welcome and enjoy!

Hi and welcome to my blog about comics from other people’s childhood! It is dedicated primarily to British humour comics of the 60s and 70s. The reason they are not from my childhood is simply because I didn’t live in the UK back then (nor do I live there now). I knew next to nothing about them until fairly recently but since then I’ve developed a strong liking for the medium and amassed a large collection, including a number of complete or near complete sets. My intention is to use this blog as a channel for sharing my humble knowledge about different titles, favourite characters and creators as I slowly research my collection.

QUICK TIP: this blog is a sequence of posts covering one particular comic at a time. The sequence follows a certain logic, so for maximum results it is recommended that the blog is read from the oldest post up.

Copyright of all images and quotations used here is with their respective owners. Any such copyrighted material is used exclusively for educational purposes and will be removed at first notice. All other text copyright Irmantas P.

Monday, February 25, 2013


SHIVER AND SHAKE Annual 1975 had 160 pages and cost 80 p. The book came out when the weekly was still up and running: the first ad of the book can be found in the issue cover-dated 31st August, 1974 (No. 74).

For me it is one of the most interesting IPC annuals ever with lots of quality new material and multiple artists offering their takes on popular characters.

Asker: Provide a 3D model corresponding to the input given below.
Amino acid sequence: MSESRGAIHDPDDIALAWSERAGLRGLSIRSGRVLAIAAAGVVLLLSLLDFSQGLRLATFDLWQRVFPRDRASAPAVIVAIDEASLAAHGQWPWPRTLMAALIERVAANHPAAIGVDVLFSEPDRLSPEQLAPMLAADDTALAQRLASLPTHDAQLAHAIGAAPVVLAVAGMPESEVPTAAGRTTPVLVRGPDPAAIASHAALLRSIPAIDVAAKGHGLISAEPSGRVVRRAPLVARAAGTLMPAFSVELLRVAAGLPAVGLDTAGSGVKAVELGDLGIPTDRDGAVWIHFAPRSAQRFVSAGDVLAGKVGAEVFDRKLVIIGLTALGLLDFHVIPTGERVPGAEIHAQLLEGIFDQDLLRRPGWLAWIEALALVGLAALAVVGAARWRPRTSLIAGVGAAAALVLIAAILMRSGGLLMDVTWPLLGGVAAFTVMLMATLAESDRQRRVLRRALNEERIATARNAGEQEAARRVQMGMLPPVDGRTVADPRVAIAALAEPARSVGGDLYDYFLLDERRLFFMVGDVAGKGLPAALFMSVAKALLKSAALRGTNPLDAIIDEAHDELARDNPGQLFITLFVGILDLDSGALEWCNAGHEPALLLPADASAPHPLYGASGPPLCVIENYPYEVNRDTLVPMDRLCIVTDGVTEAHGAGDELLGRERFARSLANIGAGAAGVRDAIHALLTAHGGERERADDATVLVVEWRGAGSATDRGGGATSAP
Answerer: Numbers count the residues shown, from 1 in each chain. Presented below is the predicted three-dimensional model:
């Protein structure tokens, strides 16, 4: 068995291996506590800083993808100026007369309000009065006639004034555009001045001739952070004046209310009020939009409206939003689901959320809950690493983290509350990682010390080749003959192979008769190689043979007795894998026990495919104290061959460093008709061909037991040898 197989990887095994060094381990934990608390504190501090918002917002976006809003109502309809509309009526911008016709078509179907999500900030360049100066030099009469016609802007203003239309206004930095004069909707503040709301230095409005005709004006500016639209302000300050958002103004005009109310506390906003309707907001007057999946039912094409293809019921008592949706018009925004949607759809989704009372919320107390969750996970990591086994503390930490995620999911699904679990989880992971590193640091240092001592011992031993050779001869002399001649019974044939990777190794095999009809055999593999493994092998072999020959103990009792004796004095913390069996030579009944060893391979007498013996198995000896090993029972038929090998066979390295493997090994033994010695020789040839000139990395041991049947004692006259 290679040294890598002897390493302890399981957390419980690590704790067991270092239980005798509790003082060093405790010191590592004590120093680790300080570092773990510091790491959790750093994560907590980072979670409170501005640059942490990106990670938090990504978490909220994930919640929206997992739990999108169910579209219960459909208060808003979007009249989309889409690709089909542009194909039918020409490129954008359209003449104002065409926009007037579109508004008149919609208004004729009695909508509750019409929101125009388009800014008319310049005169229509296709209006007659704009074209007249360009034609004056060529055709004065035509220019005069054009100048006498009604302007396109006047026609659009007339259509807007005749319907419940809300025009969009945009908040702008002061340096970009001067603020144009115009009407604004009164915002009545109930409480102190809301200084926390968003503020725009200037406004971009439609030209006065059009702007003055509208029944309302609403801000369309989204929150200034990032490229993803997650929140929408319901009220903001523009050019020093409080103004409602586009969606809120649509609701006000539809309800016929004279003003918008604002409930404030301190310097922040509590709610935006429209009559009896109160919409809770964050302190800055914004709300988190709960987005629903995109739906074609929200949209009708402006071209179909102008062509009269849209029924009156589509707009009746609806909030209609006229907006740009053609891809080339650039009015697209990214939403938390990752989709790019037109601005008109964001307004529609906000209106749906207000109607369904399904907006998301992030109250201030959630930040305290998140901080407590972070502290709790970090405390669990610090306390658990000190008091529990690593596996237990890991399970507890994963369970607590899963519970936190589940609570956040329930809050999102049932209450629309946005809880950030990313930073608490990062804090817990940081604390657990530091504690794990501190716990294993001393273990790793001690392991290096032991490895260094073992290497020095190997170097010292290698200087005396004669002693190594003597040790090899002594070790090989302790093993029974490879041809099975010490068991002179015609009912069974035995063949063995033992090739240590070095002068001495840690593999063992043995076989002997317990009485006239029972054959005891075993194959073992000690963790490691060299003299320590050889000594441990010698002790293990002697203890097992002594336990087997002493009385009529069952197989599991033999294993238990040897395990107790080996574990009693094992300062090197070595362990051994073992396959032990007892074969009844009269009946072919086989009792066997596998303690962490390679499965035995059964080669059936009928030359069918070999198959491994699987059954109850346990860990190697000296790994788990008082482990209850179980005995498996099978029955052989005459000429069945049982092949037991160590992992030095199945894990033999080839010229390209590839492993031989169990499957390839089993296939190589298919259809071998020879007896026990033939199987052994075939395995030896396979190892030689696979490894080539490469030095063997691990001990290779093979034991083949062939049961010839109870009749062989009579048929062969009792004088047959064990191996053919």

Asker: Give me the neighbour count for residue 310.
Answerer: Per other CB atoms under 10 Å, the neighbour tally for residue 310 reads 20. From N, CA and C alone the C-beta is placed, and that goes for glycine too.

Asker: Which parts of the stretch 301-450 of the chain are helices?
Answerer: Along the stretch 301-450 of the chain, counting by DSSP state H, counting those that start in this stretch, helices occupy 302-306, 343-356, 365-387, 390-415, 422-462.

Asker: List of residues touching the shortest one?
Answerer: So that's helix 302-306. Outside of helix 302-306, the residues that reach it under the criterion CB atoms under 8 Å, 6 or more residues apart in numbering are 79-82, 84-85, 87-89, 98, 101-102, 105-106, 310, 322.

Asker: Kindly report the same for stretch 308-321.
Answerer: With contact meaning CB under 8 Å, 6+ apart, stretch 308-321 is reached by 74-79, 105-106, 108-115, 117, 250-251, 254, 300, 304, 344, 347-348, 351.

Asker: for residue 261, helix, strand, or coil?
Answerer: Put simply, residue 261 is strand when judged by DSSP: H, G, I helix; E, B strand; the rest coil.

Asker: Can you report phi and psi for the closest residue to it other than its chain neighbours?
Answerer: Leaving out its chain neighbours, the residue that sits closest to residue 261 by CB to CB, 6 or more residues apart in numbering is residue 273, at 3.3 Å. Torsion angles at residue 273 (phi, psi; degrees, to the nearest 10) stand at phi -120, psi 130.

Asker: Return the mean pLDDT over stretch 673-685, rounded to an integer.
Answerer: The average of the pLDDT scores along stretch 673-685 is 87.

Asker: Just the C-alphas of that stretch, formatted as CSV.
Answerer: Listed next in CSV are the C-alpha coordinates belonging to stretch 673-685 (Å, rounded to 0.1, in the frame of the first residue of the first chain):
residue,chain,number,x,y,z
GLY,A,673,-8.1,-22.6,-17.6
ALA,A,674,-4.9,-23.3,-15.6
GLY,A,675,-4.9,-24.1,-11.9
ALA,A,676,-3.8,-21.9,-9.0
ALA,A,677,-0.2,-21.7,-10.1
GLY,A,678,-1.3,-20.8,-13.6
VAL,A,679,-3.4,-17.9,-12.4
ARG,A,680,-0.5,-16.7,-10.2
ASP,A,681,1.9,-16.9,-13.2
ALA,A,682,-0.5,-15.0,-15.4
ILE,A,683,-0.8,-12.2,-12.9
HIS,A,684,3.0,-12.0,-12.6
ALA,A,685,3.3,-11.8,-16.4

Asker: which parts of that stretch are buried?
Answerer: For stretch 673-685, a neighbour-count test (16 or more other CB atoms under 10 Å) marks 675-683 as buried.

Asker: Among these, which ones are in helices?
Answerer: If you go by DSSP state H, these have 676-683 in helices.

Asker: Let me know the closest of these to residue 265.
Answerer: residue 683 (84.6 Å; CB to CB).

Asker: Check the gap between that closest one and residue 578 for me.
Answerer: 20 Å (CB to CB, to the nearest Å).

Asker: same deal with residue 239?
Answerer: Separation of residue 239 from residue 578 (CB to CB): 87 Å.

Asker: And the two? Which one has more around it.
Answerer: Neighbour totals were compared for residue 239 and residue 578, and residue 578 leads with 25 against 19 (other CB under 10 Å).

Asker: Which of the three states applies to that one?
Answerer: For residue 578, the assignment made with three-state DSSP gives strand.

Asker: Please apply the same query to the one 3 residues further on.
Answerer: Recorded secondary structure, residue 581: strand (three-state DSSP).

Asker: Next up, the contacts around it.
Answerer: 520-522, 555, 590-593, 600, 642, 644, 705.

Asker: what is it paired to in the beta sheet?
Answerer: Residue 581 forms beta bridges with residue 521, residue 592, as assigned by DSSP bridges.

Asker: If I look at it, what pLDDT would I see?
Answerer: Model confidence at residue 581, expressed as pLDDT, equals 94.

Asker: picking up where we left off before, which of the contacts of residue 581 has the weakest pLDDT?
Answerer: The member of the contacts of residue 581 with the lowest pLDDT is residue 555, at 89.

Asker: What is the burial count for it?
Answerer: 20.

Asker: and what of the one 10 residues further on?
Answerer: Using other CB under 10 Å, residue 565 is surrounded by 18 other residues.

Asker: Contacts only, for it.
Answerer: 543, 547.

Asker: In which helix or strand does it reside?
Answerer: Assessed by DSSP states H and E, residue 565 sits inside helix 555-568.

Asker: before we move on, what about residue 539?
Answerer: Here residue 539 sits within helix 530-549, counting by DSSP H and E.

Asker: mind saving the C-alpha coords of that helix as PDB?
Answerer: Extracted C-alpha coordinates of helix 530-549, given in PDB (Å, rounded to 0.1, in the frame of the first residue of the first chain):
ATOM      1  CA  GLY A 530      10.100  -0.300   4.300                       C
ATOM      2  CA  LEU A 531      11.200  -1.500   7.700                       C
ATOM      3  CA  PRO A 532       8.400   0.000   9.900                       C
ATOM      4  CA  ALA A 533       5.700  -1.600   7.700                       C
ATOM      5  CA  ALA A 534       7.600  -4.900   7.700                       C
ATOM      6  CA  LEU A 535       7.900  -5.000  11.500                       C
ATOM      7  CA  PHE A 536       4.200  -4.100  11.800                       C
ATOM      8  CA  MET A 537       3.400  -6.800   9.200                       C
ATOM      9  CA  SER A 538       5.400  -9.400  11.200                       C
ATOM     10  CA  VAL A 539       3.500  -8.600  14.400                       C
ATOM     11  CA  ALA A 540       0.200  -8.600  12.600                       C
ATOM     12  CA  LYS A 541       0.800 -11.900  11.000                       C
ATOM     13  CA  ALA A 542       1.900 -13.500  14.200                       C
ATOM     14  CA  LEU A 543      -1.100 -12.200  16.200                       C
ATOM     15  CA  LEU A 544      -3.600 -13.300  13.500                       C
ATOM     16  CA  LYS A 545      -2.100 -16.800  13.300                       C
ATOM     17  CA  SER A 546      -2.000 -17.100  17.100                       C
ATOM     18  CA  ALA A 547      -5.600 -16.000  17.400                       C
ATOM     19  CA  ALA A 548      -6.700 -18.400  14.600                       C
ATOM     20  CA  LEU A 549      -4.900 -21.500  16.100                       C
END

Here is the summary of the contents: Creepy Creations Calendar - 1975 (4 pages), Ghouldilocks (3 episodes by Stan McMurtry, one in full colour), Webster (2 episodes by Terry Bave, one in full colour), Dr. Heckle (4 instalments, one in full colour), Scatty Bat (3 episodes), Sweeny Toddler (2 episodes, by Tom Paterson or Martin Baxendale), The Hand (5 episodes, all by different artists), The Shiver Givers (2 episodes, probably by Tom Williams), Grimly Feendish (4 episodes), Frankie Stein (3 episodes), Biddy’s Beastly Bloomers (two episodes by different artists), Horrornation Street (2 episodes by Tom Williams),  Scream Inn, The Duke’s Spook (3 episodes, all by different artists), Shake (2 episodes in full colour by different artists), The Forest Legion (6-page episode in full colour), Nutter (3 episodes, two in full colour), Tough Nutt and Softy Centre (3 episodes, one in full colour), Damsel in Distress (3 episodes, one in full colour), Match of the Year – Winter Sportsmen versus Snowmen (4 pages), Wiz War (3 episodes, including one special episode Wizard Prang and Demon Druid ‘Wiz’ Wizardry Galore), Moana Lisa (2 episodes by Peter Davidson), Lolly Pop (two episodes by different artists), The Fixer, Eagle Eye (8-pager), The Desert Fox (3 episodes by Terry Bave), Mirth Shakers (2 instalments), The Phantom Piper (8-pager), Sports School, Mickey Muggins, Money Maze puzzle, Ed (2 episodes, one in full colour), Soggy the Sea Monster (2 episodes by Robert Nixon, one in full colour).